11 Wedding Ring Shopping Rules

Choosing wedding rings that you love and can live with forever can be simple, not stressful, with our 11 easy-to-follow shopping rules.
Variety of engagement rings
Photo by Devon Jarvis

1. Narrow Your Choices

Because this is one of the few pieces—if not the only piece—of jewelry you'll shop for together and wear every day, make some preliminary choices before you hit the stores. What color metal do you prefer: yellow, white or rose? Are you interested in something simple or over-the-top? Work these questions out to hone in on what you are looking for.

2. Start Your Search Early

Once you have a basic idea of what you want, head out to the jewelry stores. Give yourselves at least two months to browse, research, price and revisit rings that catch your eye. Allow even more time if you're interested in a custom piece; extras such as engraving can take up to one month.

3. Be Different

Don't fret if you like platinum while he likes yellow gold. There's no rule that you have to match metals or even styles. Pick wedding bands that reflect each of your style sensibilities and tastes. However, some aspect of the rings (which can be as simple as an inscription) should match.

4. Set a Budget

A plain 14k gold band starts at around $330; plain platinum bands cost upward of $600 apiece. Diamonds can add considerably more to the cost. The price of engraving the inside of the wedding band depends on the font and on whether you have it engraved by hand or machine.

5. Be Practical

Keep your lifestyle in mind at all times. What's the point of buying something pretty if it makes you uncomfortable or you have to remove it often (and increase your chances of losing it)? Remember, you'll be wearing this band every day. The idea is to choose something that seamlessly becomes a part of your life. If you work with your hands often, look for a streamlined ring with little to no frills.

6. Think Long-Term

Don't be afraid to be trendy, but make sure the style you choose is something you'll still want to wear in 20 years (not to mention to all the jobs, PTA meetings and social functions in between).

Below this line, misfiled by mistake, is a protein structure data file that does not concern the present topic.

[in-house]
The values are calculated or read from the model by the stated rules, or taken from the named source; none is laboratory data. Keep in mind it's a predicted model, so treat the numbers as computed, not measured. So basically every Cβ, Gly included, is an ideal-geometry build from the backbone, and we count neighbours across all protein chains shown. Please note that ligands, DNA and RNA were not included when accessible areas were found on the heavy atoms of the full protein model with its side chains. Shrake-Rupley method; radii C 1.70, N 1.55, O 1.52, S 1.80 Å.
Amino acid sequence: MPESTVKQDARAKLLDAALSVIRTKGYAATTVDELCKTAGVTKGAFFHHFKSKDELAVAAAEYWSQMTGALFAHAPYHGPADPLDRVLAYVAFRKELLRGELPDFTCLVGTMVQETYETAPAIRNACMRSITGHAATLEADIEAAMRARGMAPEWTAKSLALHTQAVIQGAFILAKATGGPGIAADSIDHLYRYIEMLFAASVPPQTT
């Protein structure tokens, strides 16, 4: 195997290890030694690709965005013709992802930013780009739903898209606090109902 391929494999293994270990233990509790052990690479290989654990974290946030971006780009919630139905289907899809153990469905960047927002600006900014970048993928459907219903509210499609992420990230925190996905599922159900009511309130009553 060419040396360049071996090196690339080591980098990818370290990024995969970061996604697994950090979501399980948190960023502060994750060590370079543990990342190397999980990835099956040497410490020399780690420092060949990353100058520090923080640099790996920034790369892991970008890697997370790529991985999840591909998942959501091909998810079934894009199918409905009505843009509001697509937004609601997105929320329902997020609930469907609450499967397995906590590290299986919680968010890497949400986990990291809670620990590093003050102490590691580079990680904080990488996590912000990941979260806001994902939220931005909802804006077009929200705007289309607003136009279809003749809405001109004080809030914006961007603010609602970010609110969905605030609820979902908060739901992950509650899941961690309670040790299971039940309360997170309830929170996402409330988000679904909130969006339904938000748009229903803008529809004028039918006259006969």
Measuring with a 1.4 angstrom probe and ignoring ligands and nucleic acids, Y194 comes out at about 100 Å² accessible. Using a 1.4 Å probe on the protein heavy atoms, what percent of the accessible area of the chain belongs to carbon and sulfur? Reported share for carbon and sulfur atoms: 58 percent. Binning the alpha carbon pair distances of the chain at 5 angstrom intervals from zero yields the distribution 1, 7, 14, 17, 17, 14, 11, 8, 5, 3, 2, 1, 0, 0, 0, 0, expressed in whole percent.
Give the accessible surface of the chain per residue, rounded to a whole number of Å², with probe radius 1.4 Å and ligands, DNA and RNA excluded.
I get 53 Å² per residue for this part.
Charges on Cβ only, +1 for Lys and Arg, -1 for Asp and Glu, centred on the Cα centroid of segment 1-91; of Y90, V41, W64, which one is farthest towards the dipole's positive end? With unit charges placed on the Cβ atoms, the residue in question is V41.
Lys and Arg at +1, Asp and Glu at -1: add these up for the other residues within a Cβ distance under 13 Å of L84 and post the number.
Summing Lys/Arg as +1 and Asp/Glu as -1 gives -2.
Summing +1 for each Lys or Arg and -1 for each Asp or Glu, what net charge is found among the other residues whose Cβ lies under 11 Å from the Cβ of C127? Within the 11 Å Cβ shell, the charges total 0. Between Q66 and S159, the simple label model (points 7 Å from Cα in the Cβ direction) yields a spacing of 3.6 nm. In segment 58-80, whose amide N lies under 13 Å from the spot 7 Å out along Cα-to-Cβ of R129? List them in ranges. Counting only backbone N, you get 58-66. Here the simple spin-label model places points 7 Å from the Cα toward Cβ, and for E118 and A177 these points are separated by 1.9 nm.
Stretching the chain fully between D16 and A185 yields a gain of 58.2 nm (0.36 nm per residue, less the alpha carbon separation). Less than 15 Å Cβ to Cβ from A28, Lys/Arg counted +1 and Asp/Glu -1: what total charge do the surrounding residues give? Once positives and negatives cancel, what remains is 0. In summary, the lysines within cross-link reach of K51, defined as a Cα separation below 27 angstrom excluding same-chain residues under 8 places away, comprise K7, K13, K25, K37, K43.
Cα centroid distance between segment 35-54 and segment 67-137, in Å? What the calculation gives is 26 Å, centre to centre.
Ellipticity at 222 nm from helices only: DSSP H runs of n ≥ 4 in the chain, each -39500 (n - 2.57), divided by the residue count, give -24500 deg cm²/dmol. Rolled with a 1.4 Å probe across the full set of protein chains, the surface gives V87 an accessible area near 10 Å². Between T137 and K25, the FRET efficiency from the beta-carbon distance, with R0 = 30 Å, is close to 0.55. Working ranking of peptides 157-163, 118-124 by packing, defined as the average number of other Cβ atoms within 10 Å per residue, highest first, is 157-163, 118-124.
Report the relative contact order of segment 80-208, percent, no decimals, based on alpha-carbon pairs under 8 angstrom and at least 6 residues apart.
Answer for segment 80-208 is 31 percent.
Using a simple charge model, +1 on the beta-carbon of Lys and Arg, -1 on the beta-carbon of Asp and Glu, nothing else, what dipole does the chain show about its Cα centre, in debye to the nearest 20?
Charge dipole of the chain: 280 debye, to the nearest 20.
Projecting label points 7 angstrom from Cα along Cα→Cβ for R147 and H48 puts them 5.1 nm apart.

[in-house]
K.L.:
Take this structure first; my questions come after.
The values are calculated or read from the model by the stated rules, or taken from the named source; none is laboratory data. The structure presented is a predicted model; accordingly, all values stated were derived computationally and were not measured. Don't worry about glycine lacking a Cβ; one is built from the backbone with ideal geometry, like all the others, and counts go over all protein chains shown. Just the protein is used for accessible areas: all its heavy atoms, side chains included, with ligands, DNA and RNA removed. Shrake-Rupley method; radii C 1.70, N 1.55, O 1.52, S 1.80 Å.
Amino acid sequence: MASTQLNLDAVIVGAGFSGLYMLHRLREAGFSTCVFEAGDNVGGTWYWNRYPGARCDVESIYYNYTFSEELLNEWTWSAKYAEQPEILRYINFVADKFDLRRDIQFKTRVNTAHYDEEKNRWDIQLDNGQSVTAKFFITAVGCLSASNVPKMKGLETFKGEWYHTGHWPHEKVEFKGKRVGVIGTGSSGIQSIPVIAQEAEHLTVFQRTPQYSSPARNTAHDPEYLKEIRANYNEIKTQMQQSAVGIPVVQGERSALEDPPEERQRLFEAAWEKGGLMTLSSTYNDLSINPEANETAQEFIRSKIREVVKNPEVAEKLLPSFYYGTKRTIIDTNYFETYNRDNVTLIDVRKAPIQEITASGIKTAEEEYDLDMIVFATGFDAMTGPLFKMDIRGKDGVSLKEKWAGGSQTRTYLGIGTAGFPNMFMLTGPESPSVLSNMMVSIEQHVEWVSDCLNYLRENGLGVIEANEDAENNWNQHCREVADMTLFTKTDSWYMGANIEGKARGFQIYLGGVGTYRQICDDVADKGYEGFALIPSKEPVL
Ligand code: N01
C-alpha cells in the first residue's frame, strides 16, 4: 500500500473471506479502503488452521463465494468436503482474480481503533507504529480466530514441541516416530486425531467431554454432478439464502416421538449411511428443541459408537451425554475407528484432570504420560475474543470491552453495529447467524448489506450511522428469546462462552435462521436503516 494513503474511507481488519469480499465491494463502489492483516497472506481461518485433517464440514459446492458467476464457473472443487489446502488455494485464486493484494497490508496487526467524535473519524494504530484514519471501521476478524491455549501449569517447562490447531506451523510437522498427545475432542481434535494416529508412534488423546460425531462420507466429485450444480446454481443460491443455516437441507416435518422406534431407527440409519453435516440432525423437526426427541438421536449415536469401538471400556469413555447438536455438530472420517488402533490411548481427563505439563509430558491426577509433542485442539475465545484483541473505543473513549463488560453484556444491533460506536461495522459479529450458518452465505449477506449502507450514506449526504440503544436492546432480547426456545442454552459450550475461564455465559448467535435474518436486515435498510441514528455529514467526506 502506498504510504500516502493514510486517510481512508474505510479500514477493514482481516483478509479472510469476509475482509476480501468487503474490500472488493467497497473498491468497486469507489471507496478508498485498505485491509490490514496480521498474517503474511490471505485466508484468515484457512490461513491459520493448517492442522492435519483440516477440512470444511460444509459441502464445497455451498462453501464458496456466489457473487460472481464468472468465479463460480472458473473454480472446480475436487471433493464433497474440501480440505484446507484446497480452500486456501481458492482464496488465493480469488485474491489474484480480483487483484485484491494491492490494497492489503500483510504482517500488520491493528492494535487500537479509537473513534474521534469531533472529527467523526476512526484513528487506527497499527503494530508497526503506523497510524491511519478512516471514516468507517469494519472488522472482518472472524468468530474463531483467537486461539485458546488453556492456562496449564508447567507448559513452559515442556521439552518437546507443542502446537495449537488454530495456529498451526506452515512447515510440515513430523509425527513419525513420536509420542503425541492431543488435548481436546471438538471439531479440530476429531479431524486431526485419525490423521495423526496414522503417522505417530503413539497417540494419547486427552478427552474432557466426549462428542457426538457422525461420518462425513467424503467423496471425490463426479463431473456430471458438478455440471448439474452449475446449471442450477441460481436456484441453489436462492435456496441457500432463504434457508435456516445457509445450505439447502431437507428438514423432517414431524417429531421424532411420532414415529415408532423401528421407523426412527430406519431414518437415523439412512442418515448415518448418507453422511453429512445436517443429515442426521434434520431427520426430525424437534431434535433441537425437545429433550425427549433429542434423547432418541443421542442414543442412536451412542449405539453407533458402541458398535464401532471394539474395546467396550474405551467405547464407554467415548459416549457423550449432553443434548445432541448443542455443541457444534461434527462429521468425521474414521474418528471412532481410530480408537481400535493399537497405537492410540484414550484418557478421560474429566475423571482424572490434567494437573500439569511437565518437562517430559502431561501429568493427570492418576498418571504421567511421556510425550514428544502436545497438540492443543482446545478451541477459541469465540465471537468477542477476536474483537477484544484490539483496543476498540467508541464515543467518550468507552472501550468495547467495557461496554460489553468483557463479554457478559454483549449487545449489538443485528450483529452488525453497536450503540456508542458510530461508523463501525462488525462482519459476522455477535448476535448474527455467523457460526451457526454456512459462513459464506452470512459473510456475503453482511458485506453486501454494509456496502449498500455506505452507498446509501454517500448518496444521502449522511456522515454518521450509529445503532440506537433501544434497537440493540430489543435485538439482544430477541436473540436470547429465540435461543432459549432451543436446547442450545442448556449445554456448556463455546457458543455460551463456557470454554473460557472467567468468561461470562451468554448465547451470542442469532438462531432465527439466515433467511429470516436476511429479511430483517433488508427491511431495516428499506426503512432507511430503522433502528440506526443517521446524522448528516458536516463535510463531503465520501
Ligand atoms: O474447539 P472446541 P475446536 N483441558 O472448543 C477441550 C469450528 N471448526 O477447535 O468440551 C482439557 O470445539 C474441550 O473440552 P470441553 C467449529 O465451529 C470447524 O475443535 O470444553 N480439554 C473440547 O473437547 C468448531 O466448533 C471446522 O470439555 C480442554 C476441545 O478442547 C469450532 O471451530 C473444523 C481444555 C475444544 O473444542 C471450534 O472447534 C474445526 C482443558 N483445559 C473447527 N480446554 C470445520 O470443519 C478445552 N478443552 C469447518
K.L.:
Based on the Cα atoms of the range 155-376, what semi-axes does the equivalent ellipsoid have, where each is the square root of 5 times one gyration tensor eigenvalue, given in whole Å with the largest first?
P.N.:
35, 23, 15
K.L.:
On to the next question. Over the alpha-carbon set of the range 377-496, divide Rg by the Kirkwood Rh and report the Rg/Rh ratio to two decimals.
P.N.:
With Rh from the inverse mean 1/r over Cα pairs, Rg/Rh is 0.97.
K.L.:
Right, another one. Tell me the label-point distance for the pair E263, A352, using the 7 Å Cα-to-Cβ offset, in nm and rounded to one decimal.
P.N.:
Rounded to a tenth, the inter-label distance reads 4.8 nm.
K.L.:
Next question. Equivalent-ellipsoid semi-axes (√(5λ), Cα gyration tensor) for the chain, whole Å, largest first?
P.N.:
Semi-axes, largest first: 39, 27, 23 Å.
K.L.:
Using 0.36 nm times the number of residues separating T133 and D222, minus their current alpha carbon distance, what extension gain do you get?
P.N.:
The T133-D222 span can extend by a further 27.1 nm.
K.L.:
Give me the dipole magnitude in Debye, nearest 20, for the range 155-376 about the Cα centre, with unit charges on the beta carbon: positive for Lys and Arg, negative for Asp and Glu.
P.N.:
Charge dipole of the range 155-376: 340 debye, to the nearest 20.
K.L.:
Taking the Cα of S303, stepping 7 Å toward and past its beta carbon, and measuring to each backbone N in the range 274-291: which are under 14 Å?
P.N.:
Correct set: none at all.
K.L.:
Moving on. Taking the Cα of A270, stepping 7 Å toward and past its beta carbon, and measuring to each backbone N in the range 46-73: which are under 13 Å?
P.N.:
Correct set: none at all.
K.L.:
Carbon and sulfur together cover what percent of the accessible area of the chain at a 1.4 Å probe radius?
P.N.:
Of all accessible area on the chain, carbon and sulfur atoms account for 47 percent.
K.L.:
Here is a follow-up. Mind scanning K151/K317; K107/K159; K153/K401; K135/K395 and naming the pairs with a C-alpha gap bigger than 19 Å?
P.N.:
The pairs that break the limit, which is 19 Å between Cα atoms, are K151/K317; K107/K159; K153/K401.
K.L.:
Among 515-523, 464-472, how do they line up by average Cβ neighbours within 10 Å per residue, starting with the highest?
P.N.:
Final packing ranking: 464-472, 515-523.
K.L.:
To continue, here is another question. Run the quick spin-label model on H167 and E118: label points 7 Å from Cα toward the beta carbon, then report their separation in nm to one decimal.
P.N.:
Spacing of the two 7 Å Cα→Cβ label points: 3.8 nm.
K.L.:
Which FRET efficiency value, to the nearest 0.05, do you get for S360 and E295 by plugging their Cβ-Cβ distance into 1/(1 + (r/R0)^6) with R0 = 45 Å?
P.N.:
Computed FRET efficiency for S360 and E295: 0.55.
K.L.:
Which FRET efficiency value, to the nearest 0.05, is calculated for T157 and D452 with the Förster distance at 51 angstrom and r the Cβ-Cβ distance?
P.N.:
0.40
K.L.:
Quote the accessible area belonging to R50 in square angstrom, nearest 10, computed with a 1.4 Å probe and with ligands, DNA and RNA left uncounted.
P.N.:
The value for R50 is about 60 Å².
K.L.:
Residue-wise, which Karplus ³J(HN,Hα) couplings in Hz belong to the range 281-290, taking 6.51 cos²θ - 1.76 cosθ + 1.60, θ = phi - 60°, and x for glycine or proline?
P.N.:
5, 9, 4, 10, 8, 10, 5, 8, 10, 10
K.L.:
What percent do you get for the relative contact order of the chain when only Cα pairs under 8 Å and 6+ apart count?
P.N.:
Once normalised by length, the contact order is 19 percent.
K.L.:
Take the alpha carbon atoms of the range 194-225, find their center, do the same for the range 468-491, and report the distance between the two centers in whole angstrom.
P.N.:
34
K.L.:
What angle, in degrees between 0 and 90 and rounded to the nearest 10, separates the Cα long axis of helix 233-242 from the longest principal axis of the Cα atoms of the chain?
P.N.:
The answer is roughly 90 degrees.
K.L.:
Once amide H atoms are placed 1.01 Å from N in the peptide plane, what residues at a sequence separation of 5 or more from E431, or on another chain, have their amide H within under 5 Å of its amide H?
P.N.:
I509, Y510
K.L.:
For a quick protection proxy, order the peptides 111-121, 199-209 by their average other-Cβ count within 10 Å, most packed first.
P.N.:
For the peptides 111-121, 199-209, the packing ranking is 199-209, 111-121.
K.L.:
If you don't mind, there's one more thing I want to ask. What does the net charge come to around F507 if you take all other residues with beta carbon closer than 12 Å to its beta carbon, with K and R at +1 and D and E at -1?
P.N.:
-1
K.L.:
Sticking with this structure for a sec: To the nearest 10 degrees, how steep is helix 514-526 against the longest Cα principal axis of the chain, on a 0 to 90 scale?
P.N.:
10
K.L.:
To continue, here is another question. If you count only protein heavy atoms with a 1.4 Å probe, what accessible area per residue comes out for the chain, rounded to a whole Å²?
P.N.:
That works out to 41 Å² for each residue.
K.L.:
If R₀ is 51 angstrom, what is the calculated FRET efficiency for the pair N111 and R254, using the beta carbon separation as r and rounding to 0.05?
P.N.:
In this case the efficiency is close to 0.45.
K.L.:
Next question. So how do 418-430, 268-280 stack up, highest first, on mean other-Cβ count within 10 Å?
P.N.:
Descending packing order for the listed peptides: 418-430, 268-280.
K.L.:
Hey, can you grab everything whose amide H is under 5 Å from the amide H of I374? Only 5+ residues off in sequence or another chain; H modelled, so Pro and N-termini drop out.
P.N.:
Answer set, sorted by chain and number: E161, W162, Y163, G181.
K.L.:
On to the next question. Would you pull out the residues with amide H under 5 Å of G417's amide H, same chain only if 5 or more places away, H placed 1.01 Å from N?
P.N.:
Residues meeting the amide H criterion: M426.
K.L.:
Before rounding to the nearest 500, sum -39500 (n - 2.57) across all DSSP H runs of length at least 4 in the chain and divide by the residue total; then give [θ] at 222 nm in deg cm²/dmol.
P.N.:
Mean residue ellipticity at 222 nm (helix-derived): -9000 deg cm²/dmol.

7. Size It Right

Most people rarely take their wedding band off. They wear them through summer, winter, exercise, pregnancy—all the times when your fingers swell and contract due to heat, cold, water retention and weight gain. To find the size that will best accommodate all these changes, do your "final fitting" when you are calm and your body temperature is normal. Never finalize your ring size in the morning (you retain salt from the night before), after you've just exercised (fingers swell) or when you're extremely hot or cold.

8. Check for Quality

Make sure the inside of the wedding band contains two marks: the manufacturer's trademark (which proves they stand behind their work) and a quality mark ("24k" or "PLAT," for example—proves it is what they say it is). If the ring consists of two or more metals, make sure there is a quality mark for each.

9. Clean It Often

Cleaning your wedding rings is a cinch. For a ring with no stones, simply rub it with a soft, lint-free cloth (chamois is good). If your wedding ring has stones, wash and soak it in warm, sudsy water, and gently brush with a soft toothbrush or an eyebrow brush (too much pressure can loosen the stone from the setting). Then rinse and pat dry with a soft, lint-free cloth.

10. Protect Your Investment

Yes, metals, even platinum, are vulnerable. Avoid wearing your ring when doing rough work or sports (which can nick and scratch a ring) and when working with concentrated chlorine, which is found in bleach, chemical cleaning solutions and swimming pool disinfectants (which can cause pitting or discoloration to your band). Nicks and scratches are most visible on matte finishes and most easily affect platinum, which is softer than white or yellow gold on the surface but more durable overall. Luckily it's easy for your jeweler to reapply or change the finish or plating on your ring to restore its former glory.

11. Keep It Safe

You'd be surprised (and probably a bit scared) at how easy it is to lose a ring. Hopefully you've chosen something that you rarely have to remove. When you absolutely have to remove your ring, put it in a designated place so you'll always know where it is (pockets don't count), and never near a sink. The most dangerous time to remove your wedding ring? When you're away from home. That's when rings are most likely to be lost or set down and forgotten.

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